To develop a competency model for emergency physicians from the perspective of nurses, juxtapose this model with the widely adopted Accreditation Council for Graduate Medical Education (ACGME) model, and identify competencies that might be unique to the nurses' perspective.Methods:
The study relied on secondary data originally collected as part of nurses' assessment of emergency physicians' nonclinical skills in the emergency department (ED) of an academic medical center in the Middle East. Participants were 36 registered nurses who had worked in the ED for at least 2 years and had worked for at least 2 shifts per month with the physician being evaluated.Results:
Through content analysis, a nurse-led competency model was identified, including 8 core competencies encompassing 33 subcompetencies. The 8 core competencies were emotional intelligence; problem-solving and decisionmaking skills; operations management; patient focus; patient care, procedural skills, and medical knowledge; professionalism; communication skills; and team leadership and management. When the developed model was compared with the ACGME model, the 2 models diverged more than they converged.Conclusion:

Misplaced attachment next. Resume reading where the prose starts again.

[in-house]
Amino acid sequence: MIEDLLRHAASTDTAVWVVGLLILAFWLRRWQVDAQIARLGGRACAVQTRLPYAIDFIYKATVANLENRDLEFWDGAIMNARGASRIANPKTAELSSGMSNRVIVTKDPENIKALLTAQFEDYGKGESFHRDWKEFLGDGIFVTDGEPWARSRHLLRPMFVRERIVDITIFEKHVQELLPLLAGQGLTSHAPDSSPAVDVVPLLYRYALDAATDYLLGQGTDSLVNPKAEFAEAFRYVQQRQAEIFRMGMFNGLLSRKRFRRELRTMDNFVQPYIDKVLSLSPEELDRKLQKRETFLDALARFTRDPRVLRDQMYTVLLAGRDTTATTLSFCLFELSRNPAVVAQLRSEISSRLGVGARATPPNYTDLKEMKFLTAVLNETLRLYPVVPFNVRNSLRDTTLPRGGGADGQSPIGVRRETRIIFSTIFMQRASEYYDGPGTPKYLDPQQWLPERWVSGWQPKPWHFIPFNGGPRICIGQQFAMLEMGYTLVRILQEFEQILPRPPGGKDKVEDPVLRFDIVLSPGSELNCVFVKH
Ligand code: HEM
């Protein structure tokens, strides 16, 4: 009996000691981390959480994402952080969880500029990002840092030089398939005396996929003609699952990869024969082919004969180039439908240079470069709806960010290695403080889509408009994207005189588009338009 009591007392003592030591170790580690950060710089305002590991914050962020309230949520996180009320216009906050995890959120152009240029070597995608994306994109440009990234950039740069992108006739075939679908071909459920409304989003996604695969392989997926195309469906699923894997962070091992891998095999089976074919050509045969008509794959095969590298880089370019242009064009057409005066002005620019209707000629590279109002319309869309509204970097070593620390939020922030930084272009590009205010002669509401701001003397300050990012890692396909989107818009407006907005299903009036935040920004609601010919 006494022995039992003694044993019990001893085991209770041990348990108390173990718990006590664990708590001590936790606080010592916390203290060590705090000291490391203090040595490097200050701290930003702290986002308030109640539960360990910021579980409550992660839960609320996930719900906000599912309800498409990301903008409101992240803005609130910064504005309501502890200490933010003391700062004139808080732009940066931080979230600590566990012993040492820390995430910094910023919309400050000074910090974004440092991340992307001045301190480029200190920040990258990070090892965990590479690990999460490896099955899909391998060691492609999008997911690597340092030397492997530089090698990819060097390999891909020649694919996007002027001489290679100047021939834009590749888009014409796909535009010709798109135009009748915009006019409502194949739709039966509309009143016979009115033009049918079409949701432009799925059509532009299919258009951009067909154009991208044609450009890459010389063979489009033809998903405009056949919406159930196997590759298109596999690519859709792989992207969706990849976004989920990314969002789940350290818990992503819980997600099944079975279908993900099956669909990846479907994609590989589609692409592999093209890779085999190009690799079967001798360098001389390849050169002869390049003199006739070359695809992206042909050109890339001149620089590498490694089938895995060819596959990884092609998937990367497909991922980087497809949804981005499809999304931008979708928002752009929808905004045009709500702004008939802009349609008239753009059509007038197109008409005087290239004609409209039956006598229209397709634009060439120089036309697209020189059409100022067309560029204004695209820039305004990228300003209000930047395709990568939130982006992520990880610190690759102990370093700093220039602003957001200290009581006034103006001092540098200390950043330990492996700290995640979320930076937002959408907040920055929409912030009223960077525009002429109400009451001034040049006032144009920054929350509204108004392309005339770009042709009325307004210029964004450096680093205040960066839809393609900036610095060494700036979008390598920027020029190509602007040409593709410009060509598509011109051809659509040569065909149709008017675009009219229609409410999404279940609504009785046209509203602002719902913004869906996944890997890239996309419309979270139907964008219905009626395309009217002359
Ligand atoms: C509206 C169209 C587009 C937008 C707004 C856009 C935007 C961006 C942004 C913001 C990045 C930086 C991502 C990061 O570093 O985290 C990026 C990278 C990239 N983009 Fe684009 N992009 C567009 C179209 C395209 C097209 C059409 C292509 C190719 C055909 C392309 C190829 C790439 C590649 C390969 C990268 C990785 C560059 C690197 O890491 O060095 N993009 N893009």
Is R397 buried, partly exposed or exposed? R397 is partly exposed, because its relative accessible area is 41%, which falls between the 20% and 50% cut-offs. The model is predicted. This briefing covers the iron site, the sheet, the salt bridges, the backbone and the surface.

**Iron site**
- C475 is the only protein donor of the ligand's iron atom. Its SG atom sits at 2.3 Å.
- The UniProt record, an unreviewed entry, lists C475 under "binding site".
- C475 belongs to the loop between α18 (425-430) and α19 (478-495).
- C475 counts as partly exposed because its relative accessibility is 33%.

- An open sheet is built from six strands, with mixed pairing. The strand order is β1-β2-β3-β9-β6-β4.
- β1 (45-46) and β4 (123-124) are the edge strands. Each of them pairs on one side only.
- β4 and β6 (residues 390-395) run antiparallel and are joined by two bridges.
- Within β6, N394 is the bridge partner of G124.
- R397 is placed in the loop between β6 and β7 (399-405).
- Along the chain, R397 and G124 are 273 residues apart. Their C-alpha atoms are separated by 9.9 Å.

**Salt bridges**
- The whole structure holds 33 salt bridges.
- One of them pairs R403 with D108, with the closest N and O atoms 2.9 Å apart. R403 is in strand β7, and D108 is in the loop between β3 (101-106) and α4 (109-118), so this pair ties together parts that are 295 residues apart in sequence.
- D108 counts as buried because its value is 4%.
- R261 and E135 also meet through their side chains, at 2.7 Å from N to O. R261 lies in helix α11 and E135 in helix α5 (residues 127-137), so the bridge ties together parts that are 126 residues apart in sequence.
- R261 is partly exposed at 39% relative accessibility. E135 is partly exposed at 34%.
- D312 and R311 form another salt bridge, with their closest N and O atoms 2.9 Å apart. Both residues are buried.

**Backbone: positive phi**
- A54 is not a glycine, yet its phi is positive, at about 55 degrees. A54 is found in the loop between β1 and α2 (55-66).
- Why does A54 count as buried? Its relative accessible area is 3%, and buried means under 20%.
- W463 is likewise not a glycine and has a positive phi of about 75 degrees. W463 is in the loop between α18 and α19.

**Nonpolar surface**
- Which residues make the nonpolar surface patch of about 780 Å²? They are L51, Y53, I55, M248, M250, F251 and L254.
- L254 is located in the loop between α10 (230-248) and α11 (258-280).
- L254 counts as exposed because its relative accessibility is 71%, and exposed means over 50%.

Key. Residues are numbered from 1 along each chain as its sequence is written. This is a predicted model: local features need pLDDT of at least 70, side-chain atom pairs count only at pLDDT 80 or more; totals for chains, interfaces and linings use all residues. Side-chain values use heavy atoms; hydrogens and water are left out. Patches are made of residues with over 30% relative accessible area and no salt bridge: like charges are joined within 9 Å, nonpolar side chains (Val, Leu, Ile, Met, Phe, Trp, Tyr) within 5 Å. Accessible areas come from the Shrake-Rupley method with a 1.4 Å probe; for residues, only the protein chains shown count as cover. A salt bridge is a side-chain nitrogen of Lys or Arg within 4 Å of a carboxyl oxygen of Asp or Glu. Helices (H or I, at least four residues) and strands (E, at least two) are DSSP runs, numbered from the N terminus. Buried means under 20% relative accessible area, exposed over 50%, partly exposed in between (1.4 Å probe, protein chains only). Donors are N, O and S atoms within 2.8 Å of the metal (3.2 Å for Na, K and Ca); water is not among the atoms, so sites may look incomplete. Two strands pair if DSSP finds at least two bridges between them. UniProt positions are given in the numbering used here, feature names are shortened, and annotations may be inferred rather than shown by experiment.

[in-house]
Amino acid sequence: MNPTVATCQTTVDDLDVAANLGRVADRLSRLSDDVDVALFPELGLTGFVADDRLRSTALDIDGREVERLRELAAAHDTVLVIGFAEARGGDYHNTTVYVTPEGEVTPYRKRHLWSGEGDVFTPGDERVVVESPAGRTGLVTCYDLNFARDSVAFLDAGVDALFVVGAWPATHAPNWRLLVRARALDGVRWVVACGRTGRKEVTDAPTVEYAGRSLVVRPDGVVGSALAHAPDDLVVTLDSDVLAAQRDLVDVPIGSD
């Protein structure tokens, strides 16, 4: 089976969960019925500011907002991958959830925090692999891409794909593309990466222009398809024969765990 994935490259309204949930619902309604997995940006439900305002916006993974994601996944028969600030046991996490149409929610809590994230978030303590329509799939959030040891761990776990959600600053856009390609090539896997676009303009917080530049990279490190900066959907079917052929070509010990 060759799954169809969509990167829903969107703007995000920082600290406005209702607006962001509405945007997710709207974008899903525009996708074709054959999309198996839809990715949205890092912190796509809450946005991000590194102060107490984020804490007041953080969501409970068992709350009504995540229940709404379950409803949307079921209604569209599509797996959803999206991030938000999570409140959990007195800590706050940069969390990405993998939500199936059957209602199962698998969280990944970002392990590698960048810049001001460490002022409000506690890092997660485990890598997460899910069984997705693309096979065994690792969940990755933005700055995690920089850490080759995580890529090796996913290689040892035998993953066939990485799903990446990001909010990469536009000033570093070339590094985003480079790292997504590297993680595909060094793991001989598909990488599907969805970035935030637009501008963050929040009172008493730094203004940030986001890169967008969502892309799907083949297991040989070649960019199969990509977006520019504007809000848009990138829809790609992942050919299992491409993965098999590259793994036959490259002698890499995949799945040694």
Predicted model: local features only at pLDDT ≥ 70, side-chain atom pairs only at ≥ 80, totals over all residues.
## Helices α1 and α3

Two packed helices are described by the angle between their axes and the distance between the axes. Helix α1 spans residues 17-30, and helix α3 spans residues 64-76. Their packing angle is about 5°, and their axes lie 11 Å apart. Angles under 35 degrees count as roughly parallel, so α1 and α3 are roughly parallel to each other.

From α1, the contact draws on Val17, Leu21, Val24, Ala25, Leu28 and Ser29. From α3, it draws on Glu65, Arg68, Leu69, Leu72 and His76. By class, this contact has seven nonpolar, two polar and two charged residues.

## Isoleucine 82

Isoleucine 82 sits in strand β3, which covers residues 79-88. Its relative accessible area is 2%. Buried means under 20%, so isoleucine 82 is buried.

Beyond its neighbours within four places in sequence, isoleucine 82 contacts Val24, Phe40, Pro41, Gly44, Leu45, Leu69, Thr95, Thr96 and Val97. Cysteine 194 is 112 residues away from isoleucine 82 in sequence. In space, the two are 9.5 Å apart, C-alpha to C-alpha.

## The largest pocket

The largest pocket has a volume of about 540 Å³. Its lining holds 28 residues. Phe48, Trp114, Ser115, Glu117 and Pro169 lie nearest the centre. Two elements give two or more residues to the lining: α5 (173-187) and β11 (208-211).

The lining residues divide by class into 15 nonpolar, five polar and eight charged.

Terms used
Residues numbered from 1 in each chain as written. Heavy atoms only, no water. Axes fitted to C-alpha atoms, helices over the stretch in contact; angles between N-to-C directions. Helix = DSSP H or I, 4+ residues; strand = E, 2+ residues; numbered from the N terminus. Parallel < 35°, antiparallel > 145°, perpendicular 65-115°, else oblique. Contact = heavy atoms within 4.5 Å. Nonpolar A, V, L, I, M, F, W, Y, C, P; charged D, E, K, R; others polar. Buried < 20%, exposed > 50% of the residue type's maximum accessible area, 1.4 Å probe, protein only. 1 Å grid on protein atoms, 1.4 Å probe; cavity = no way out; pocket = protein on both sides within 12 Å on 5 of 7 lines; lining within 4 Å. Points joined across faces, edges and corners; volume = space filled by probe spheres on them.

The nurses' perspective offered distinctive insight into the competencies needed for physicians in an emergency medicine environment, indicating the value of nurses' perspective and shedding light on the need for more systematic and more methodologically sound studies to examine the issue further. The differences between the models highlighted the competencies that were unique to the nurse perspective, and the similarities were indicative of the influence of different perspectives and organizational context on how competencies manifest.